Starting from Scratch
The Bush administration apparently plans to build the Homeland Security Department's information technology infrastructure from scratch, at least in some areas. According to one agency official, the administration has told the Office of Personnel Management that its e-government initiatives — including e-Payroll, Integrated Human Resources and e-Clearance — will be adopted by the proposed Cabinet office.
Is this indicative of a larger plan to replace basic systems from the bits and pieces of agencies that are to be folded into the new department? If so, it has several officials concerned, because none of the OPM initiatives are scheduled for completion until months after the planned fall launch of the new department.
Out of the Loop (I)
The proposed Homeland Security Department has generated quite a buzz among the agency employees who would be transferred under its control. Officials testified before Congress about their excitement, and others spoke about their pride in having a role in the new department.
But the general enthusiasm did nothing to allay concerns that one week after the announcement, many officials still had received no further details from the White House about the impact on their agencies. The administration, of course, could not get to every employee who might be affected by the change. But at least one agency's top dog still had received no information beyond the outline released to the public, according to an official from that agency.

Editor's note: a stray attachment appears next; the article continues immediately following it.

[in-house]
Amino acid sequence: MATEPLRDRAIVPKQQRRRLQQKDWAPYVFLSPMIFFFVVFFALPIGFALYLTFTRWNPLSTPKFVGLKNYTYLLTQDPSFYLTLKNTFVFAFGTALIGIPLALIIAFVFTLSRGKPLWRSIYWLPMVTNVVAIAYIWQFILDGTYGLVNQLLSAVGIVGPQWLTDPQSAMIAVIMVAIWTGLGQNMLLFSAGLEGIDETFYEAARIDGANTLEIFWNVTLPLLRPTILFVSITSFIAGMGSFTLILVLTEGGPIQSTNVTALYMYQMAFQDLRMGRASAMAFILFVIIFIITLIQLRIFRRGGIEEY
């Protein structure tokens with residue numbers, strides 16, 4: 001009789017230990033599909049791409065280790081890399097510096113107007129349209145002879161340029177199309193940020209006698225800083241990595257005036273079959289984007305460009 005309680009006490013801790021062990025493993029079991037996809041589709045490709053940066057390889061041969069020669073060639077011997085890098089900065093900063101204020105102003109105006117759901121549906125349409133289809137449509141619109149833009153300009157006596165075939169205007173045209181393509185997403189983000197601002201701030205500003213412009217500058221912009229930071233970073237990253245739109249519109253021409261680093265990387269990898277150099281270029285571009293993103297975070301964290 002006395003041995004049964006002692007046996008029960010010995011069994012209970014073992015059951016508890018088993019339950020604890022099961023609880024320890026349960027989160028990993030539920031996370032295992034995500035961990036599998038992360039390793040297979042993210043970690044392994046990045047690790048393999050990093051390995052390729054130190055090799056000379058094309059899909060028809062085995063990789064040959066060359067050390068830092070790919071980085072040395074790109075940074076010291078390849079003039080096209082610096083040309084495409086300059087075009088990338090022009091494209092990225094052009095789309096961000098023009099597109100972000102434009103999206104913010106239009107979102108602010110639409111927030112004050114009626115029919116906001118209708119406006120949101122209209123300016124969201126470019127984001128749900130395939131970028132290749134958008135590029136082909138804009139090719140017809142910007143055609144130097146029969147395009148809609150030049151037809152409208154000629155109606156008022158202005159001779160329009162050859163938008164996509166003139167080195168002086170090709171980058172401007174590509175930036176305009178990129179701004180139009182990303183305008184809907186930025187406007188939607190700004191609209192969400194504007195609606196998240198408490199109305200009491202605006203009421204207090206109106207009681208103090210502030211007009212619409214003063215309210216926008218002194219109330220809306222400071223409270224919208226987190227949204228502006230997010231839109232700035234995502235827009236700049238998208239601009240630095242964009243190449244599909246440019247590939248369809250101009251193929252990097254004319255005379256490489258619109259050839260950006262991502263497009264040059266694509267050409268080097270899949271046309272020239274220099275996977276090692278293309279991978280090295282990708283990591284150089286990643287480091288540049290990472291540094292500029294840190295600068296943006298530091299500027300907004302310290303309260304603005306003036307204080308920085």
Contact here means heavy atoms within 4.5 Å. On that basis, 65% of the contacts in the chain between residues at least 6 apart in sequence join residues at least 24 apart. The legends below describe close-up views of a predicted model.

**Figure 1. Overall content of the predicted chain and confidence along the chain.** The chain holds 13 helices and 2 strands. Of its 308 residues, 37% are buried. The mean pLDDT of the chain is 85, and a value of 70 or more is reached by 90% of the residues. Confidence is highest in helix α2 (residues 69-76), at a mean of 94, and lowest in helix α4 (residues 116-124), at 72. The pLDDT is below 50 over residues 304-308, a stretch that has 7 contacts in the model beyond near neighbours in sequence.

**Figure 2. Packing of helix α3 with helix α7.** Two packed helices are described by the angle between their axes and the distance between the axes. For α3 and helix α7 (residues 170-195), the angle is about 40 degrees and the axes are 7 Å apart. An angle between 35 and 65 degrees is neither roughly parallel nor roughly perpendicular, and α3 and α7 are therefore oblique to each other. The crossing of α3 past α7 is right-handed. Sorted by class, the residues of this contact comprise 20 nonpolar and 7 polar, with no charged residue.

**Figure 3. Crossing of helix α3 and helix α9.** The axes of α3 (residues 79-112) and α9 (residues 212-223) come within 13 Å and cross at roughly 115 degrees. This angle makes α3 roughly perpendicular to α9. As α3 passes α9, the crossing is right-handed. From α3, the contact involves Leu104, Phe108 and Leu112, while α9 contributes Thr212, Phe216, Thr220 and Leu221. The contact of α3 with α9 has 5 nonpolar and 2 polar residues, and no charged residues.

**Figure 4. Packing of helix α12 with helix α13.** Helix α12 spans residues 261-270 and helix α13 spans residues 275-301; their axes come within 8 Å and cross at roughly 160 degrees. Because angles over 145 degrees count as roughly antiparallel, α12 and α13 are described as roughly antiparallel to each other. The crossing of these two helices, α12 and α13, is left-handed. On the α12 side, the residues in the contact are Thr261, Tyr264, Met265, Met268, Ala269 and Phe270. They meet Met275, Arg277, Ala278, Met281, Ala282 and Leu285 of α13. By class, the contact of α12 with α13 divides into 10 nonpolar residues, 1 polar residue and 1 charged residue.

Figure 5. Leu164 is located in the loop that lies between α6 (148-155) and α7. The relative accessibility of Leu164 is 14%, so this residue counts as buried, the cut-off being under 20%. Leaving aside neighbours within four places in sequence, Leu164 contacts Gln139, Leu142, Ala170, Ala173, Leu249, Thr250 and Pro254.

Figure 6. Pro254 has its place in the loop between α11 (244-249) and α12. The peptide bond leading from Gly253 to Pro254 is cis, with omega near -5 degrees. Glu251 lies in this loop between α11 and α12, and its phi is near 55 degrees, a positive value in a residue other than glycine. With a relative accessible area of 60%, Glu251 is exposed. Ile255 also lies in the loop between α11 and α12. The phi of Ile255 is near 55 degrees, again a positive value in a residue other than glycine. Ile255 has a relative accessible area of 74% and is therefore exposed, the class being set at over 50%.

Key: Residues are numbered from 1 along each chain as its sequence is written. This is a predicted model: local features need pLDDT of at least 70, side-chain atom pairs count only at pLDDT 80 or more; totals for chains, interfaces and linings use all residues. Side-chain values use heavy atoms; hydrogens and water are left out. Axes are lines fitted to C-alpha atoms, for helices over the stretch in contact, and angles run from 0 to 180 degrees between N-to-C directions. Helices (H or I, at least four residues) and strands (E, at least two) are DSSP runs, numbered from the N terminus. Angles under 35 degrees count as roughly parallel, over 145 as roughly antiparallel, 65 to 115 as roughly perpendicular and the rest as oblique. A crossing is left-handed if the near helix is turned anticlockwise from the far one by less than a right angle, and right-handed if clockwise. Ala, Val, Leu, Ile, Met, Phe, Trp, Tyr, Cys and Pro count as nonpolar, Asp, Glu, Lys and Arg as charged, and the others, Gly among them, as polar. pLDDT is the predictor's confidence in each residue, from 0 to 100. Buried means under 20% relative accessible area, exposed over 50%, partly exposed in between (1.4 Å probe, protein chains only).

Sounds like one of the department's first hires should be a human resources officer.
Out of the Loop (II)
The administration is determined not to let government jargon muddle its forthcoming cybersecurity guidelines. Richard Clarke, special adviser to the president for cyberspace security, said the National Strategy to Secure Cyberspace will not be written by bureaucrats, but by people in such areas as higher education, banking, transportation, and state and local government. The report — originally scheduled for release this summer but now pushed back to mid-September — will lay out a plan to secure critical operations in the public and private sectors.
Administration officials believe it is essential that the public understand what's at stake. Speaking at the third annual Networked Economy Summit hosted by the George Mason University School of Law's National Center for Technology and Law, Clarke said many business and government agencies are not taking cybersecurity seriously, despite the fact that the number of cyber incidents continues to rise, causing an estimated $15 billion in damage last year.
"Well, folks, digital Pearl Harbors are happening every day," Clarke said. "It could happen to any company any day." But the federal government should not regulate, dictate or take a command role in securing the Internet, he warned. That's because in cyberspace, technology and threats move rapidly and the government is not fast enough to keep up, nor does it have the expertise.
The administration's public outreach effort has been under way for several months, with town hall meetings conducted in Denver, Chicago and Portland, Ore. Another is scheduled for next week in Atlanta.
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